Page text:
[Update:  Mr Subjunctive assures me this new plant is also a Dracaena - not a Cordyline - just as I had suspected.  The plant is probably Dracaena marginata 'Bicolor.'  I shall have to change my plant listing.]

[caption id="" align="aligncenter" width="320" caption="Dracaena marginata"]Dracaena marginata[/caption]

[caption id="" align="aligncenter" width="314" caption="Cordyline australis 'Pink Stripe', which looks like a Dracaena to me.  Another Dracaena marginata variety - possibly D. marginata 'Bicolor'"]Cordyline australis Pink Stripe, which looks like a Dracaena to me.[/caption]

Just a week ago I came upon another variety, Dracaena reflexa 'Anita,' which looks just like the two above, except that it is solid green.  The plant was 4 separate stalks about 3 feet tall in a large pot and selling for just $3.  Of course I bought it and plan to move the shortest of the 4 plants into my Dracaeana forest planting.

[caption id="" align="aligncenter" width="330" caption="Dracaena reflexa 'Anita'"]Dracaena reflexa Anita[/caption]

I would like to add maybe one more color variety to this somewhat crowded pot, but I haven't found the right one yet.  I was thinking there was a dark red solid Dracaena available, but I haven't found one since I took on this project.  It could be that it was a mislabeled Cordyline that I saw.  I'll have to keep my eyes open.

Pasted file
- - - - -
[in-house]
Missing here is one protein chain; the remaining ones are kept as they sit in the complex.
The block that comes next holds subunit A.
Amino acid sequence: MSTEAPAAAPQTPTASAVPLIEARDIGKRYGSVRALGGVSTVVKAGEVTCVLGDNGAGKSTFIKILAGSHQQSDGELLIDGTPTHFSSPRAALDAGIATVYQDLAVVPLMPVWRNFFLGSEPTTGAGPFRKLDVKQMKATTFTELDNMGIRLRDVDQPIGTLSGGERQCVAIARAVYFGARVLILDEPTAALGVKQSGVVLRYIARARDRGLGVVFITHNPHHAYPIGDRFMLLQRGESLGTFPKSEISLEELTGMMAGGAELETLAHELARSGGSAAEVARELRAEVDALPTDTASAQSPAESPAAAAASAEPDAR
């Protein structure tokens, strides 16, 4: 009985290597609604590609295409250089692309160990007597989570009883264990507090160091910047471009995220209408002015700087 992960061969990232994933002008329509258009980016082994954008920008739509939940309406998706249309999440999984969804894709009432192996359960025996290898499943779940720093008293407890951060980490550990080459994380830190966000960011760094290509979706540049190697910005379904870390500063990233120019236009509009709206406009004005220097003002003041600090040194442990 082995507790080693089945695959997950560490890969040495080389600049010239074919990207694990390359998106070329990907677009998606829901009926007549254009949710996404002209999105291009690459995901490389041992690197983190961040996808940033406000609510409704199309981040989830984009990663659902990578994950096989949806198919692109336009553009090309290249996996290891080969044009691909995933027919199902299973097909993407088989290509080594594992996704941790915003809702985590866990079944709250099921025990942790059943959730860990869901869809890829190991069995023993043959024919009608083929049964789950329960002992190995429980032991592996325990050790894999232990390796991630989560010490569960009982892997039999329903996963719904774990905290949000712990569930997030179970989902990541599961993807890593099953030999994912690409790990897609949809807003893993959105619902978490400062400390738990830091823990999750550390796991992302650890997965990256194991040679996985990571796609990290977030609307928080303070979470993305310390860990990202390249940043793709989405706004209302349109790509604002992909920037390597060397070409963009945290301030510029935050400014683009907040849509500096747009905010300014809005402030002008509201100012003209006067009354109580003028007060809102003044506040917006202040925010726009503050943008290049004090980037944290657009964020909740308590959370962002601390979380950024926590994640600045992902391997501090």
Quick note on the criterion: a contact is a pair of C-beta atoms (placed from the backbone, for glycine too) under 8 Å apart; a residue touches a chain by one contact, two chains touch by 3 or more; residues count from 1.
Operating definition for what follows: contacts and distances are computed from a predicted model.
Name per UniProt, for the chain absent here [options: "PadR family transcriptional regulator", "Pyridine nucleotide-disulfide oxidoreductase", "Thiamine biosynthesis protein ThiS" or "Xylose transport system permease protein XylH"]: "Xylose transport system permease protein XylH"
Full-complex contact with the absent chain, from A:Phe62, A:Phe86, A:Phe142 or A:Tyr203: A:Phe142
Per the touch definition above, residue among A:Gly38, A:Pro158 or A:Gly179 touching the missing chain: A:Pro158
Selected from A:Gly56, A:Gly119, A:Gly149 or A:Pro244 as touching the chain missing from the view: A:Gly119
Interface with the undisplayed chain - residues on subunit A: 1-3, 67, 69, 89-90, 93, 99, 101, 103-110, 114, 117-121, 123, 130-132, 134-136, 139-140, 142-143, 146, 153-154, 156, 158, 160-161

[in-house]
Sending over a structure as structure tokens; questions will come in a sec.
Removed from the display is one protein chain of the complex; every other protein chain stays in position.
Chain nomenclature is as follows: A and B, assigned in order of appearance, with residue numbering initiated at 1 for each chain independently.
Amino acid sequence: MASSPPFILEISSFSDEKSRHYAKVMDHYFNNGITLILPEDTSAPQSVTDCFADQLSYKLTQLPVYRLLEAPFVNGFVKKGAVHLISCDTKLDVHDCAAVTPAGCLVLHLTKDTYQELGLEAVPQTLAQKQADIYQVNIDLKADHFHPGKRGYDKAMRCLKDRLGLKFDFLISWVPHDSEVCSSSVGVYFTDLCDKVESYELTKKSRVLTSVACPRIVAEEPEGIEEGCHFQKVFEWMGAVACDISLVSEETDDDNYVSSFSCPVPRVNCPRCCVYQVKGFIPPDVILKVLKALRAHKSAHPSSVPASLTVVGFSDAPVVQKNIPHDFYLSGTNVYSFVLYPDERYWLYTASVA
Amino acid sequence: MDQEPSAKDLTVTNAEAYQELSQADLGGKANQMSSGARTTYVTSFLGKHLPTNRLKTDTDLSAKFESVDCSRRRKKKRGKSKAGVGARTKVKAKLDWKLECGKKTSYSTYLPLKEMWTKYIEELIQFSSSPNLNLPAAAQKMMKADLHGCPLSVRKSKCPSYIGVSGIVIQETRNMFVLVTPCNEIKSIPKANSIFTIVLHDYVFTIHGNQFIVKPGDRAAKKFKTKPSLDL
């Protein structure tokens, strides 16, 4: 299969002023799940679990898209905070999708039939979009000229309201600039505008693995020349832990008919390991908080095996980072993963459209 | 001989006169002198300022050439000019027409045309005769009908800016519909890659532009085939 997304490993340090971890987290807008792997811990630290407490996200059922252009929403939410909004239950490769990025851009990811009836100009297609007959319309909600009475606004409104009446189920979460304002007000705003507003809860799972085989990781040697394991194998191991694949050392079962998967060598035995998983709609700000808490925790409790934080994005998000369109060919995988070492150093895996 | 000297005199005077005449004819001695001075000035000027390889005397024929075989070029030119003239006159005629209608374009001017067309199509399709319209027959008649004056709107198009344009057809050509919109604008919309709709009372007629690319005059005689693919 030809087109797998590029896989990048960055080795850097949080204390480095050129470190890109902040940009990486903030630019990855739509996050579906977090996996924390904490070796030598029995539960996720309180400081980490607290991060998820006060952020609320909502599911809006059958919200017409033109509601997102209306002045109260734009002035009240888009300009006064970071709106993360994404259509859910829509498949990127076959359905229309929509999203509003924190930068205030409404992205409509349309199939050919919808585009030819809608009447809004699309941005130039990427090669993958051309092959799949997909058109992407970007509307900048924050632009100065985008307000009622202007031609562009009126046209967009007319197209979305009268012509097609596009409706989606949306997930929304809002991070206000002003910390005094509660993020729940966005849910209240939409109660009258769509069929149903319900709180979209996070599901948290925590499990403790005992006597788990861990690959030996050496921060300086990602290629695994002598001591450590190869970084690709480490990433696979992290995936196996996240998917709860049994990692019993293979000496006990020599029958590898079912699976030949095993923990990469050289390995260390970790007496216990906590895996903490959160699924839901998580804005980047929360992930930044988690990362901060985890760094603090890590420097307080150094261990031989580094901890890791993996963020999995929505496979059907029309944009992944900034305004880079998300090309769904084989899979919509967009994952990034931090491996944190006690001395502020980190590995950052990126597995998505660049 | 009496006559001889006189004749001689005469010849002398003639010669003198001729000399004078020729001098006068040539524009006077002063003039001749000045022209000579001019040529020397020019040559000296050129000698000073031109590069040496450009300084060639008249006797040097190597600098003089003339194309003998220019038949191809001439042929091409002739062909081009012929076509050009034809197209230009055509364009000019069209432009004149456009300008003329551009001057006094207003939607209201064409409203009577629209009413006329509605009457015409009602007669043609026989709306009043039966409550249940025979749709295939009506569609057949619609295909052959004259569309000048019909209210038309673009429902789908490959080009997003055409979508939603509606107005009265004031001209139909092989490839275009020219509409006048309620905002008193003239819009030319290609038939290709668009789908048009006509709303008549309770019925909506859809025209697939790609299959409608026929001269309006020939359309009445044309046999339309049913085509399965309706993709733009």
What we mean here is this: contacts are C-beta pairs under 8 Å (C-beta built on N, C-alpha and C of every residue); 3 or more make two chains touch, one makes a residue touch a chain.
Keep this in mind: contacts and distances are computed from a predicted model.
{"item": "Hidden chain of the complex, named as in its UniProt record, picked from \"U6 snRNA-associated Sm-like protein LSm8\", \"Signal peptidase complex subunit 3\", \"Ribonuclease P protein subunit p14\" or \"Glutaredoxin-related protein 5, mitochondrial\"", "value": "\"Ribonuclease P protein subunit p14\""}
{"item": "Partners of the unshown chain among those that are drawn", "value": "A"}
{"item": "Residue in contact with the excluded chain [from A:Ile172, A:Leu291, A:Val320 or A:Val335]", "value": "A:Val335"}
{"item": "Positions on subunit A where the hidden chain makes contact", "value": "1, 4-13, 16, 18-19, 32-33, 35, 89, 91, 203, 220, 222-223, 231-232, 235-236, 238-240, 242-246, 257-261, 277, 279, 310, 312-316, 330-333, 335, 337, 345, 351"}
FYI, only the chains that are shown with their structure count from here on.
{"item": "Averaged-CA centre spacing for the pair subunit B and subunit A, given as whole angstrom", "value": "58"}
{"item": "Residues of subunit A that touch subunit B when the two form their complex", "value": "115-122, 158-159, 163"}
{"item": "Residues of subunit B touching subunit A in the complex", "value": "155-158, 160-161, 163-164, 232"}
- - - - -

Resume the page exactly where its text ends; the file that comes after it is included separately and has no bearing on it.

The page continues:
6 comments:

  1. The Cordyline isn't a Cordyline; it's another D. marginata. I'm like, 95% sure. I believe I've seen it called 'Bicolor' before, though it's hard to find a good photo to prove it. (Look at the Google image results, though.) 'Bicolor' has the cream color in it, 'Colorama' is mostly pink and red and green, with very little white, 'Tarzan' has bigger leaves, and 'Magenta' has, well, more magenta margins than the usual red.

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  2. Mr. Subjunctive-
    Thanks again for your identification help. I knew I shouldn't trust that pesky plant tag!

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  3. I can relate to this ! , I've heard some goody things about this blog ! I bookmarked it on my favorites and will visit it again for more interesting posts like this one, Thanks

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  4. I found the name of a plant on your website that my daughter gave me, Dracaena Reflexa "Anita". I have a green thumb but apparently, this one is not happy living with me. I live in eastern central Florida, so most plants do well in our area. Not this one...the leaves are slowly turning brown & falling Off. Can you tell me if it's particulary fussy about care, unlike other dracaenas I have? Thank You.

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  5. Hi. I have one of these Dracaena (Dracaena marginata) which I bought 3 years a go and it was allways fine. but since aug. which I moved to another apartment it started to get weeker and weeker. I have changed it's soil and it's pot, but it started to get dry from the top and then it goes down to the root, I have lost one of them ( it was three in one pot) and now the other one started to dry from the top. I hope you can help me and say what's wrong with it?